Asahi Linux, along with better support for virtual machines, makes Apple Silicon more attractive to developers – DEVCLASS

In November 2020, Apple introduced the M1 processor – an Arm-based chip marking the start of the transition from Intel processors to Apple Silicon. Apple M1 machines can be good value for money despite the high price if it saves developers time, and the combination of excellent performance and high efficiency – leading to a long battery life. battery for those on a laptop – is a strong attraction. A high-end Mac Studio running the M1 Ultra chip has a maximum power consumption of 215W, according to Apple’s specs – modest for a system that is among the best performing workstations on the market.

Windows on Arm running on Mac M1 via UTM (qemu)

There are a few issues with Intel’s remoteness, however. Rosetta 2 is a translation layer that allows x86 applications to run on macOS, but while it works well for many macOS applications, the M1 is not suitable for running x86 virtual machines. Virtualization is important for developers because it is ideal for testing and debugging applications in an isolated environment.

VMware lamented last year that “Rosetta 2 does not support virtualization” and added that “there isn’t exactly a lot of business value compared to the engineering effort that is required. Running x86 operating systems on Apple Silicon is not something we plan to ship.”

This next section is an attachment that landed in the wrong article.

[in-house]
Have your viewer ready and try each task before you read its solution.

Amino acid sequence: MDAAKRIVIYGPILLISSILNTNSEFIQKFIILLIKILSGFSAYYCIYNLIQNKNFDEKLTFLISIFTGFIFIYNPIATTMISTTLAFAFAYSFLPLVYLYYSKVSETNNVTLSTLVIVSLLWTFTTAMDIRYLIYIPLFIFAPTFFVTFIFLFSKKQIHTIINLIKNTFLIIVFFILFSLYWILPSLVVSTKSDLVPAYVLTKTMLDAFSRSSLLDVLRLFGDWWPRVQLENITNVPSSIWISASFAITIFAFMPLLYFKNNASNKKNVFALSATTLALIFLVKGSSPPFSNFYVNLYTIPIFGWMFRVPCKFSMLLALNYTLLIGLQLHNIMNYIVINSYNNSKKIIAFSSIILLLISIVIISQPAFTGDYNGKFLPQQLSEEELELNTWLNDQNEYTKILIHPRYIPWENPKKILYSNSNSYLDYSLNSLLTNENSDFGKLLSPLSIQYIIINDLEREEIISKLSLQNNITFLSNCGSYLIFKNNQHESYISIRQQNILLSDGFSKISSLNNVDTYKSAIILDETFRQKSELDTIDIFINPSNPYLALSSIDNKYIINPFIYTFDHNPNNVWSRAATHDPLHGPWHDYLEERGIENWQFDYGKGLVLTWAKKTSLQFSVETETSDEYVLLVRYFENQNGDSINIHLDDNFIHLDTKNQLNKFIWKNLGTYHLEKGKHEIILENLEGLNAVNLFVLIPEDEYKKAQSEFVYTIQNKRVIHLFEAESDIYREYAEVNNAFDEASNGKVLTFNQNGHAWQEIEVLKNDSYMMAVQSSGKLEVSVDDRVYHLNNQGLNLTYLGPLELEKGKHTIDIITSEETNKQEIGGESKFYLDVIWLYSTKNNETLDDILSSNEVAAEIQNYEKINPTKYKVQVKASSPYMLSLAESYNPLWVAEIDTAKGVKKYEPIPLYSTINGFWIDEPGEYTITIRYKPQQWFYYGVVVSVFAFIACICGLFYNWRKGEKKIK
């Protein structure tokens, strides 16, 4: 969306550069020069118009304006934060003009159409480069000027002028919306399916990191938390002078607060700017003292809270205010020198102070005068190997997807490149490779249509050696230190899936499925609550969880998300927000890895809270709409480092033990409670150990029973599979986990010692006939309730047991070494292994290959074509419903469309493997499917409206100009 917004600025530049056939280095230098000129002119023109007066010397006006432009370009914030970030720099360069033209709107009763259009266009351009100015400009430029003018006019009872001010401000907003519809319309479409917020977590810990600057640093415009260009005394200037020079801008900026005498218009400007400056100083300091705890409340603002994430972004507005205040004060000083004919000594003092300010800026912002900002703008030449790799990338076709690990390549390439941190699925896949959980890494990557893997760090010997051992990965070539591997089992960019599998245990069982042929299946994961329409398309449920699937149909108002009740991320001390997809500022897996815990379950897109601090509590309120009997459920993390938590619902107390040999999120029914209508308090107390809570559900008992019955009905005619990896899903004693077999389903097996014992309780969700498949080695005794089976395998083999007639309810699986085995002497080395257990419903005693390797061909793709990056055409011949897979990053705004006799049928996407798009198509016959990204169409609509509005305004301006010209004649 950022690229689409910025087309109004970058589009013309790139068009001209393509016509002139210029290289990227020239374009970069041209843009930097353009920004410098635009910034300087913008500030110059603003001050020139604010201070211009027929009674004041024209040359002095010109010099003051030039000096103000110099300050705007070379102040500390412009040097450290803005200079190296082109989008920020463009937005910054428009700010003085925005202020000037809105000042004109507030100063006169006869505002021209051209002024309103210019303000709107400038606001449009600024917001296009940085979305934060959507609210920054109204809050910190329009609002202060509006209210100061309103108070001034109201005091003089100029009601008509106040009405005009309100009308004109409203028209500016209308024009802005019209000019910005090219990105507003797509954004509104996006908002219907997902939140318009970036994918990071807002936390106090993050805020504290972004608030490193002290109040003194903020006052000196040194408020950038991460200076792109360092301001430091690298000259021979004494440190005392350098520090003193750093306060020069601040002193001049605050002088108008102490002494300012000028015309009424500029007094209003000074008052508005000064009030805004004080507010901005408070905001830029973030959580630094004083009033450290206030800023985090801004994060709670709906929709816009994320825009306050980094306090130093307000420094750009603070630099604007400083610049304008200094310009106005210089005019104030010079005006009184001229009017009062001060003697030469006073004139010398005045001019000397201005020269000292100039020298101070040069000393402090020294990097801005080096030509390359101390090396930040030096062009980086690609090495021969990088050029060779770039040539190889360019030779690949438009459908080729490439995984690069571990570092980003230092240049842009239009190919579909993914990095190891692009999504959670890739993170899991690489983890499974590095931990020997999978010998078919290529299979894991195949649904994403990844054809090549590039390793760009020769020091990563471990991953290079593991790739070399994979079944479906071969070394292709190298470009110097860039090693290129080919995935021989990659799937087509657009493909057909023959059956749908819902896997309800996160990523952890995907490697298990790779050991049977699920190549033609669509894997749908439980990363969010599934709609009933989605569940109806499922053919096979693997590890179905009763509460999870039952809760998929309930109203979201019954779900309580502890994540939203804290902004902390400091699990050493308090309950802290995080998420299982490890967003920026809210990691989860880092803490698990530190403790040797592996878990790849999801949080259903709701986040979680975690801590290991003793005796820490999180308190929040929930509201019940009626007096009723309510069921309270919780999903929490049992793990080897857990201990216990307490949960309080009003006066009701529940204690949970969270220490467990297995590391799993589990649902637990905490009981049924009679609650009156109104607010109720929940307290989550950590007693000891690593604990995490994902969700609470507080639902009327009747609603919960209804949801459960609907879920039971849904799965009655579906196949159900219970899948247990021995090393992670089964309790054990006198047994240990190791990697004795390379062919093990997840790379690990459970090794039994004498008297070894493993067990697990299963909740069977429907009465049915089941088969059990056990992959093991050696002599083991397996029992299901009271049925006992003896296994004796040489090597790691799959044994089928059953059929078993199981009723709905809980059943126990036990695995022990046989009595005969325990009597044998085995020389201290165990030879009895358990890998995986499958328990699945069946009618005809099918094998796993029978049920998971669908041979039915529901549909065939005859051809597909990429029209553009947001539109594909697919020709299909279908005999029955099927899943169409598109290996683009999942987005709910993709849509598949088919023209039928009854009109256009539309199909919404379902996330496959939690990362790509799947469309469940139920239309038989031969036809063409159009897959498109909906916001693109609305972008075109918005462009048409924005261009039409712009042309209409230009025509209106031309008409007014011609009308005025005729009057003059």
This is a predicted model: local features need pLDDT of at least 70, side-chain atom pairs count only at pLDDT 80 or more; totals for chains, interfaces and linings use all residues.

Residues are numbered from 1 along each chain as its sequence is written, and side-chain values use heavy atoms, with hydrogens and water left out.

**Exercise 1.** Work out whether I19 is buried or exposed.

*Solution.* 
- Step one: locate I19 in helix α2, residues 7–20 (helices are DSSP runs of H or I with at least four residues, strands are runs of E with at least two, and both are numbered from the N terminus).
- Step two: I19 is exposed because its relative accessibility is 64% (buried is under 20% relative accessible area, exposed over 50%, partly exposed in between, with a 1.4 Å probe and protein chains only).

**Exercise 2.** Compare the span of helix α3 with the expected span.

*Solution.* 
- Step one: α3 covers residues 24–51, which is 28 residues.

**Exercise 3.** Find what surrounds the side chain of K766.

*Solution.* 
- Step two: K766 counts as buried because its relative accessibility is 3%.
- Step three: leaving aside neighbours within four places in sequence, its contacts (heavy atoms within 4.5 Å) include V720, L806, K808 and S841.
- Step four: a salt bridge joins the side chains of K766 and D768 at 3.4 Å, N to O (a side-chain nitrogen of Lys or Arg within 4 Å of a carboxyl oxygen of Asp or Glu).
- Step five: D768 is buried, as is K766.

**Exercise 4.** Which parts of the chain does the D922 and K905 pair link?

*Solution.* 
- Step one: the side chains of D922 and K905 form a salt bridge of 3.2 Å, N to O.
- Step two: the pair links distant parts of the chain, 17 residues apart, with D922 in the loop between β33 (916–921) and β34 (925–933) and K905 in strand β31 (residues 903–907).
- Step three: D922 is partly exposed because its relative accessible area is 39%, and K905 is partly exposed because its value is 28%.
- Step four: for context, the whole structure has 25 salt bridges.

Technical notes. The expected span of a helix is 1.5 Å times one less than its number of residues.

That said, the story is looking up for the virtualization of Arm-based operating systems – whether they are systems based on the open source qemu project or commercial systems such as VMware Fusion (in public preview) or Parallels Desktop (which supports Windows on Arm for M1). Performance is good according to reports like that, which reported a virtualization penalty of 6.7% for single-core and 27% for multi-core when running Arch Linux under emulation. However, there are still some frictions, especially when going the open source route, with additional configuration steps required.

A compelling option

One option worth looking into is Asahi Linux – a port of Arch Linux that runs natively on the M1, released in alpha last month. Alpha builds are not recommended for production use, surprising a report by Jason Eckert (Dean of Technology at triOS College in Ontario, Canada). He mentioned that he installed the Asahi Linux alpha as soon as it was released and describes it as “incredibly fast… and although it lacks a few features that will be added soon (GPU acceleration, Bluetooth, sound), it’s otherwise very neat and 100% production ready, plus it runs my software much faster than macOS on the same hardware. half the time of macOS”.

The main barriers Eckert faces are “proprietary apps that don’t have an arm64 version (e.g. Slack), as well as Electron and Chromium-based apps (e.g. VSCode, Chrome, etc.) due to the size of 16kb page from the M1 which apparently will be patched shortly with a new linux kernel, luckily it’s happy with the vim editor instead of visual studio code, it’s also worth noting that GPU acceleration isn’t not yet supported.

Testing compilers on Asahi Linux, Michael Larabel at Phoronix found that “GCC 11.2 was leading by about 13% over Clang.”

Asahi Linux is still in its infancy, and developers are worried about whether the Mac M1 might become a closed system at a later date – although there’s no evidence that Apple is planning this. . However, combined with the emulation options, the M1 Macs are compelling to developers and free from Windows annoyances like mysterious slowdowns or creepy UI ads.


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Steven L. Nielsen